Second staffer leaves Wake County Office of Equity Affairs

A member of the Wake County Schools Office of Equity Affairs announced she will be leaving the district as of Dec. 1. She is the second to leave the department this year.

Lauryn Mascareñaz, the “Director of Equity Affairs for Coaching and Leadership” for the Wake County Public Schools Office of Equity Affairs (OEA) announced her departure on Twitter. 


At the time of her hire in 2018, Mascareñaz was working for the Southern Poverty Law Center’s education offshoot “Teaching Tolerance,” which earlier this year was renamed as “Learning for Justice.’ Her original starting salary was $85,000 – well above the classroom teacher average. She was making around $86,708 as of 2019.

The tweet mentions “RISE DEI,” which is a limited liability corporation located in the Raleigh area. The company appears to have been created on April 29, 2021, according to records on file with the state.

“RISE DEI is an anti-racist consulting + teaching group that helps organizations realize their Diversity, Equity and Inclusion goals,” the group’s website says.

Two Wake County Schools employees are listed on the RISE website alongside Mascareñaz. The first is Ryan Williams,  an assistant principal at Rand Road Elementary.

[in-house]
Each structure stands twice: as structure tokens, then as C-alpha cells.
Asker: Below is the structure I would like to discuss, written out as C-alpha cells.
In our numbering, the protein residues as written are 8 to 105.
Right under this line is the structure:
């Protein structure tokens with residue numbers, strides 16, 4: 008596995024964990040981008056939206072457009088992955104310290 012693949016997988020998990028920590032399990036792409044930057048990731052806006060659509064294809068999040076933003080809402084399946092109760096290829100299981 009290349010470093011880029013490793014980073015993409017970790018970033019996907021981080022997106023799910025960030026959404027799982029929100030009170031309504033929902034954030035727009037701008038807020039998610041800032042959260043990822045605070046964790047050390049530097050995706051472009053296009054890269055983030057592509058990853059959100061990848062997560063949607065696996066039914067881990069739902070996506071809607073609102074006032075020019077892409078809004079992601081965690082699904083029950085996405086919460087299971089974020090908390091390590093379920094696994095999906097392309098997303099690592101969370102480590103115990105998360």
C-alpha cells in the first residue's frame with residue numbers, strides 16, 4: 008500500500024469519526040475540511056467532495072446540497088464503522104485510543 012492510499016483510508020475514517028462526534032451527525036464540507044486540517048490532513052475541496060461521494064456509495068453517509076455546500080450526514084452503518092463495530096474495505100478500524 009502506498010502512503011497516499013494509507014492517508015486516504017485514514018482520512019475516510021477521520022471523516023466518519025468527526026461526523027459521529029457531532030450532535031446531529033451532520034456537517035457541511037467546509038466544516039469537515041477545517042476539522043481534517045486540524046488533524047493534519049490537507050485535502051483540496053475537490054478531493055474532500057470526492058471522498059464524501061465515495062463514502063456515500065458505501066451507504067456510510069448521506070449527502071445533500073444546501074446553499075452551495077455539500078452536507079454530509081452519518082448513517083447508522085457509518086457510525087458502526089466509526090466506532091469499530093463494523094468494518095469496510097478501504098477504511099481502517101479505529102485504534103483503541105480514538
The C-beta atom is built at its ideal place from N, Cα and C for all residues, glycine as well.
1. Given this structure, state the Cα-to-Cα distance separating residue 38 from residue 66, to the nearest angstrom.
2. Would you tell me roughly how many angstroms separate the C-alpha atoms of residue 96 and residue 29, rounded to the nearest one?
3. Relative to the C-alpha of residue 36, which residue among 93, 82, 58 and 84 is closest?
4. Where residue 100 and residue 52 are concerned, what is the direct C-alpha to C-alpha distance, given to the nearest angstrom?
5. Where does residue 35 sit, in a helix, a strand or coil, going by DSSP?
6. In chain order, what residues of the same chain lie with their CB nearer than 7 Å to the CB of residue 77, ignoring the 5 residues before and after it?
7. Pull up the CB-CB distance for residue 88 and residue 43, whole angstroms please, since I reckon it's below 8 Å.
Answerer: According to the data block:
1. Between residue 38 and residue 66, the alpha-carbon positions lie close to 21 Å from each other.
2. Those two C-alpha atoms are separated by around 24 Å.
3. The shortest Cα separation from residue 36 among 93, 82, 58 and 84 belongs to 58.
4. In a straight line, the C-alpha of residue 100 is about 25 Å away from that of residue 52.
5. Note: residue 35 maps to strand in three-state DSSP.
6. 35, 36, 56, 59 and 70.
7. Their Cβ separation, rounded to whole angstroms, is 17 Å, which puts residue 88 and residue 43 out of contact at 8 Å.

The second is Christina Spears, a special assistant within the Office of Equity Affairs (OEA). She is also the vice president of the union-affiliated Wake County Association of Educators.

Spears is also responsible for organizing and executing two “EdCamp Equity” events held on Wake County Public School properties. My reporting on EdCamp Equity gained national attention in March of this year in a City Journal article.  That article would be the first in a series by Christopher Rufo on the permeation of Critical Race Theory in U.S. schools.

Offerings on the RISE website include “consulting, training, speaking,” as well as promotion of the “Social Justice Standards” tied to the Southern Poverty Law Center, Mascareñaz’s employer prior to joining Wake County Public Schools.

Included in the list of RISE offerings is “Training using the Courageous Conversations framework, compass and four agreements.” This training is referring to Glenn Singleton’s Critical Race Theory infused signature course called “Courageous Conversations” and it is the same program the OEA has been using to train Wake County teachers. This could be a signal that Wake County Schools plans to farm out this kind of controversial teacher training in the future.

Culturally appropriating tweets

In both 2018 and 2019, Mascareñaz and the OEA made headlines for tweets instructing teachers not to “culturally appropriate” from Native Americans leading up to the Thanksgiving holiday season.